Safety on the ground is as important as safety in the air. I would also like to recognize the leadership of Emirates Airline and Qatar Airways in pioneering adoption of the IATA Ground Operations Manual—or IGOM. And I’ll take this opportunity to encourage all airlines in the region to learn from their experience and follow their example.
Our commitment to sustainability is as strong and important as our commitment to safety. That’s why we set a goal to cut our net emissions to half 2005 levels by 2050. And the near-term target on the way to achieving that is carbon neutral growth from 2020.
The key to achieving carbon neutral growth is CORSIA—the Carbon Offsetting and Reduction Scheme for International Aviation. This was agreed through the International Civil Aviation Organization (ICAO) in 2016 with the full support of the industry.
So I bring a reminder to the airlines of this region that every carrier must begin reporting their emissions from 1 January 2019—which is only a few months away. If you are finding it a challenge in any way to achieve this, please call on the expertise of IATA’s environment team.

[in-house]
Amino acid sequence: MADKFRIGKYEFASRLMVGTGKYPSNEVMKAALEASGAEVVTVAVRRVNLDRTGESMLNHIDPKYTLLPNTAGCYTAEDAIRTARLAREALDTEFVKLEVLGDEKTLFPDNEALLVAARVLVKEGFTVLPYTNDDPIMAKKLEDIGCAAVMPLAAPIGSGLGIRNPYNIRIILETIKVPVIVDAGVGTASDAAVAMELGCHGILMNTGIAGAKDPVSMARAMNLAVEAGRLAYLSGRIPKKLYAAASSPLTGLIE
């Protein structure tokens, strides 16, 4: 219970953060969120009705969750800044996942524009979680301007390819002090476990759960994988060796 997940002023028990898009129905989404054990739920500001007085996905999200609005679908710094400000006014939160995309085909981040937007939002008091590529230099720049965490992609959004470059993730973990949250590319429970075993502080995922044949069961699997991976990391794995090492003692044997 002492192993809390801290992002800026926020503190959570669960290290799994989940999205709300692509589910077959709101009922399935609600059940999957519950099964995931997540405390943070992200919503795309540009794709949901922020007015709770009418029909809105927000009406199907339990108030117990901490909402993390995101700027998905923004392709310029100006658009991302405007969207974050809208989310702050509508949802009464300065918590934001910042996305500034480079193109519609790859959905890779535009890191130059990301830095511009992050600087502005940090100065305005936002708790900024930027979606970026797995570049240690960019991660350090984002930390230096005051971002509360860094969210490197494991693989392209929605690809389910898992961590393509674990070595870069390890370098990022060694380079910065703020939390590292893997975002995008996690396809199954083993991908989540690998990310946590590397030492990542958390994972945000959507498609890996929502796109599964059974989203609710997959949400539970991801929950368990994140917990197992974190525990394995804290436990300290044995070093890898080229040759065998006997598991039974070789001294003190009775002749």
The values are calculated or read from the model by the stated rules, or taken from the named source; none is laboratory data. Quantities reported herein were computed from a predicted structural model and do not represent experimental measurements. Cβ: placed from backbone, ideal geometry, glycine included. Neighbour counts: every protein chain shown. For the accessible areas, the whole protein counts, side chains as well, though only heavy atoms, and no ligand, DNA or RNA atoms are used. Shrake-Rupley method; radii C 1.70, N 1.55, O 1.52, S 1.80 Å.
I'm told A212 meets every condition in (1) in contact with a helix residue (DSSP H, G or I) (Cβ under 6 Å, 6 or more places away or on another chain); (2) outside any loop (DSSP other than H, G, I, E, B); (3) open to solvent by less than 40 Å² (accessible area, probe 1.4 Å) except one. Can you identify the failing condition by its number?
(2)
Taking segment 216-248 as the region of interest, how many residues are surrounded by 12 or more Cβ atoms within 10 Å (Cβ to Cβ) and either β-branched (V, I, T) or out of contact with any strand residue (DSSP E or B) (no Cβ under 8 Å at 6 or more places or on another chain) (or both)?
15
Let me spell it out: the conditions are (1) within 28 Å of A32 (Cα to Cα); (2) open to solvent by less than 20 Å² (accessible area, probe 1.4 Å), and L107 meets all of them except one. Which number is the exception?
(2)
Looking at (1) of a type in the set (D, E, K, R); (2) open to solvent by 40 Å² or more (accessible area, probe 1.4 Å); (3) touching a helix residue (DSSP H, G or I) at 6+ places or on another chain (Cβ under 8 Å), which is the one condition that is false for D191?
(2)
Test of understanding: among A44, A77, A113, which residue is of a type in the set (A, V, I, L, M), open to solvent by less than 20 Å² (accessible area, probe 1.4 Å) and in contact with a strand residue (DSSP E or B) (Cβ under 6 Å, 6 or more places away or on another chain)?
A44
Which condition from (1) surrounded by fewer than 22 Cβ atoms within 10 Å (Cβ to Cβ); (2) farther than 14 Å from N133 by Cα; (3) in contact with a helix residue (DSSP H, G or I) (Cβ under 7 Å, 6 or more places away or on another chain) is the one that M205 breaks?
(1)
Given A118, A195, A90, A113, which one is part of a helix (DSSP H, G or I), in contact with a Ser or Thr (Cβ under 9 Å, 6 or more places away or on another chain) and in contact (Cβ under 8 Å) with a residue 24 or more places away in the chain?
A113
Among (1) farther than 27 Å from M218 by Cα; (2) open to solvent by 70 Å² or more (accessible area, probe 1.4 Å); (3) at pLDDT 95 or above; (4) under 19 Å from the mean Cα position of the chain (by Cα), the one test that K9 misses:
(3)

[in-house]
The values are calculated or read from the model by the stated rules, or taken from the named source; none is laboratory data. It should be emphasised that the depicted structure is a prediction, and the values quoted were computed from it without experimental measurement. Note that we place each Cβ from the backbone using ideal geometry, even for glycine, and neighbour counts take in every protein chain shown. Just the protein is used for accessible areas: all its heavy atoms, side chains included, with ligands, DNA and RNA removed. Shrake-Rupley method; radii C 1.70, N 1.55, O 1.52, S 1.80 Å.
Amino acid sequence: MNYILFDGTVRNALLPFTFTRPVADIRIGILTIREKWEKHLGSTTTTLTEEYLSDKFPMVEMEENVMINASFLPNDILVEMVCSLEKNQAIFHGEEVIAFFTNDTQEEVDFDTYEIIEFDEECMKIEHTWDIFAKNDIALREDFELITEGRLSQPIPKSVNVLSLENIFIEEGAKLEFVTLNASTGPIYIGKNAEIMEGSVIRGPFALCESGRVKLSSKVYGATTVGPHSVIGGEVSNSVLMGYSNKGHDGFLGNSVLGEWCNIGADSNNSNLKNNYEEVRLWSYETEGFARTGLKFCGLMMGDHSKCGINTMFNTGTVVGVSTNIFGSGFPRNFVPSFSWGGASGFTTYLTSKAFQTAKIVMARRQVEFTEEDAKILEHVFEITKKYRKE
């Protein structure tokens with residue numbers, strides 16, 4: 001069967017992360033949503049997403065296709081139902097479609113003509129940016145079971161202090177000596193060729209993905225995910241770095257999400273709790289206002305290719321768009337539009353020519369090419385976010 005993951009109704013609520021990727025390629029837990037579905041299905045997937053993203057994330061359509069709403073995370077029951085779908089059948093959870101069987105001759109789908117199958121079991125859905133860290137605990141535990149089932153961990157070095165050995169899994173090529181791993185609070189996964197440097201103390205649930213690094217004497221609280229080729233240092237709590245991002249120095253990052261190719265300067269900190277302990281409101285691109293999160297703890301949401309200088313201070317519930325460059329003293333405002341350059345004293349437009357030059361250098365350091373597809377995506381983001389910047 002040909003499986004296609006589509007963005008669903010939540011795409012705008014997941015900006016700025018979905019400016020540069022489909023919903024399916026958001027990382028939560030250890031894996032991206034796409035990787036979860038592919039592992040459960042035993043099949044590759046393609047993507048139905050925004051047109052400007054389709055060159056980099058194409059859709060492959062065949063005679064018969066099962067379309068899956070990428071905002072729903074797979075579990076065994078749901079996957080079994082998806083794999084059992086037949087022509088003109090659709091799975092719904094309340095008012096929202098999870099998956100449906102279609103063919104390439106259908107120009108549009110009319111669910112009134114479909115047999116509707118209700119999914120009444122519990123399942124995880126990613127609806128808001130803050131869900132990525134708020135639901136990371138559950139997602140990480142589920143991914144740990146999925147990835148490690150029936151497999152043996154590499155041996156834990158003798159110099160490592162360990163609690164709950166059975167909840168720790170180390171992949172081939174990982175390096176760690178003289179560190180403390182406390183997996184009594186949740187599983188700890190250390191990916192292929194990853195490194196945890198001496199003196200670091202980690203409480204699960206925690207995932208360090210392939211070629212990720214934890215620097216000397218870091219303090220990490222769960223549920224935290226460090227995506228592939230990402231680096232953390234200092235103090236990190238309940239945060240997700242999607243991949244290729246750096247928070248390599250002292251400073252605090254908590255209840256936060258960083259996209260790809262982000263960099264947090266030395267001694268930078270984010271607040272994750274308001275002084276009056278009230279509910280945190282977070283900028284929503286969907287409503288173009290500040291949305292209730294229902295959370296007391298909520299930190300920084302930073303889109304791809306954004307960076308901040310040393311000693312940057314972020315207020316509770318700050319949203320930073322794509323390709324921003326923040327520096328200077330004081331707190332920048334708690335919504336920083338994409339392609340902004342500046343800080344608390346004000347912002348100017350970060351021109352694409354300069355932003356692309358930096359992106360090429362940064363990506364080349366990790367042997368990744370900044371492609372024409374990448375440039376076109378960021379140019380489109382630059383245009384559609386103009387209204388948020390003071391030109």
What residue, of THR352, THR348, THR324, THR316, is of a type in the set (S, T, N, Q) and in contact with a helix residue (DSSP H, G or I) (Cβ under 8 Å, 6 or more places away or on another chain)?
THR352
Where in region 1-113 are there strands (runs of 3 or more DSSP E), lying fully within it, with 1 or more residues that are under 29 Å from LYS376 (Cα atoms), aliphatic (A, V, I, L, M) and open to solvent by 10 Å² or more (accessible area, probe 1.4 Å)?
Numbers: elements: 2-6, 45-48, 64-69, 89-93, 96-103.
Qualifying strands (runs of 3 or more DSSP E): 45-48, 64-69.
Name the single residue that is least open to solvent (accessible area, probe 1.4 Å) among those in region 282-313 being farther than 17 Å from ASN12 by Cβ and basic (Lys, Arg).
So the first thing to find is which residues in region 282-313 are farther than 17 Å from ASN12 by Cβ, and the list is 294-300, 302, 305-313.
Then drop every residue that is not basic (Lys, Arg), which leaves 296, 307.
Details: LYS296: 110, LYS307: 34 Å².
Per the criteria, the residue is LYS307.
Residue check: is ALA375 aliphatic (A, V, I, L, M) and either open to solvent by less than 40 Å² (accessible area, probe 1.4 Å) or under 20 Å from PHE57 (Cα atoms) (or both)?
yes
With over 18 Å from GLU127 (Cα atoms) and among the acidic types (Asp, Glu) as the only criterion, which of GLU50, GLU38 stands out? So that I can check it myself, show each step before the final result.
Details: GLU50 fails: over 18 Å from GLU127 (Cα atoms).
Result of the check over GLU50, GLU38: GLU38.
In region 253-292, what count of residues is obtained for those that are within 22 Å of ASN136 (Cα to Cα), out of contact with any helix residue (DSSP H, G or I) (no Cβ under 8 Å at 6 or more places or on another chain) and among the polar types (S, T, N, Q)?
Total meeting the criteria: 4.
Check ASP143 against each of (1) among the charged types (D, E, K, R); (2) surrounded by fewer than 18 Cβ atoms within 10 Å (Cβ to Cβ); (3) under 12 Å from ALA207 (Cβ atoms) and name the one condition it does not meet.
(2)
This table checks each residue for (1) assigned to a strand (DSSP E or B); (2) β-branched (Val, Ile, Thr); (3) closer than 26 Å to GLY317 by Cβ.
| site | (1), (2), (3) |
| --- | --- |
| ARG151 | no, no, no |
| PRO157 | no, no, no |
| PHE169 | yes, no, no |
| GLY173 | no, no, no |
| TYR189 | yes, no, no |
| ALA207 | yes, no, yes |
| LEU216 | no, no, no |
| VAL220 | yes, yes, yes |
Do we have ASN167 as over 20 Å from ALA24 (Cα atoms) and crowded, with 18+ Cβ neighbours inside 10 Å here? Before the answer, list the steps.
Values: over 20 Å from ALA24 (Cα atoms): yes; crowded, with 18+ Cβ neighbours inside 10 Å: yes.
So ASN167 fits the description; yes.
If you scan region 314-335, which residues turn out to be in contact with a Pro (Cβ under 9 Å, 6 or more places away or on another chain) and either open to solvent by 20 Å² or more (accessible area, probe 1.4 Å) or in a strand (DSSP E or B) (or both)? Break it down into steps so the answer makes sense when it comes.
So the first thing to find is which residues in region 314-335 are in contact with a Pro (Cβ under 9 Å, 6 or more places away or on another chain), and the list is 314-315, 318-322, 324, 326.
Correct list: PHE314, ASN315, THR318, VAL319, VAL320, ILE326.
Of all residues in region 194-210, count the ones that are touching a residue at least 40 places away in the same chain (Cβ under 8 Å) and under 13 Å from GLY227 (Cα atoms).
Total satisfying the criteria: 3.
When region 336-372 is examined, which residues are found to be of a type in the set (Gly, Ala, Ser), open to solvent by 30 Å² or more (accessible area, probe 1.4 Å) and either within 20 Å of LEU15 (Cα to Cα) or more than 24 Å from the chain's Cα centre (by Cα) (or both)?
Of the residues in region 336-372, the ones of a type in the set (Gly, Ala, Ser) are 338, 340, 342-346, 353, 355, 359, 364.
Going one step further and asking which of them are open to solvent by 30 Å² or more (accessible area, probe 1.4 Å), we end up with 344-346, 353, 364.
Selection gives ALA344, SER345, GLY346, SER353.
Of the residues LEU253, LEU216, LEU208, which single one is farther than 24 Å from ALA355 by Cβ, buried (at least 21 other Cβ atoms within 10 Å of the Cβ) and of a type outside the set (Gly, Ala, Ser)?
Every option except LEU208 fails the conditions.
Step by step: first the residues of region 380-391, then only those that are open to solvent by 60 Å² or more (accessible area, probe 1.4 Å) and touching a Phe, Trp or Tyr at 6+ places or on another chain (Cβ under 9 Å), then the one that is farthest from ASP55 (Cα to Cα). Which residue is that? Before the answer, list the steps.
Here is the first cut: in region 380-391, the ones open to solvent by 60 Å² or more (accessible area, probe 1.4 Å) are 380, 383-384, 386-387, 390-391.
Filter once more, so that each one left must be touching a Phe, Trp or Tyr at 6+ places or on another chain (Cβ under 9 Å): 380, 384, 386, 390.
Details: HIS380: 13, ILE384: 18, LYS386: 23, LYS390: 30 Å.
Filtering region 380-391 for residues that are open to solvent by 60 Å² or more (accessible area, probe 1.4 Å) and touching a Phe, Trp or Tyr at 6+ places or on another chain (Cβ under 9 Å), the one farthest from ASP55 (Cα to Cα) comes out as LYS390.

In parallel, we want more governments to sign up to the program from the voluntary period beginning in 2020. Already some 75 are committed. This accounts for about 76% of global aviation activity.
Qatar, Saudi Arabia and the UAE are the only MENA governments among these. I congratulate them for their leadership. And I ask the other governments in the region to join them. We will continue to work closely with AACO to remind governments of the benefits of CORSIA and to support airlines in their preparation plans.
Greater Alignment with Governments Needed
Aviation is a highly regulated sector. Close alignment with governments on safety and sustainability has been a cornerstone in making flying the safest way to travel and aviation a leader on sustainability. But there are some areas where alignment must be strengthened to reach aviation’s full potential.
- We need effective infrastructure to accommodate growth
- We need costs and taxes at reasonable levels that don't kill growth
- And we need harmonized regulation to enable orderly growth
Let’s start with infrastructure. This region is well known for the foresight of its governments in developing airport infrastructure. While many parts of the world struggle to build infrastructure, the last decade has seen major investments in Abu Dhabi, Bahrain, Dubai, Egypt, Jordan, Kuwait, Oman, Qatar, Saudi Arabia and elsewhere around the region.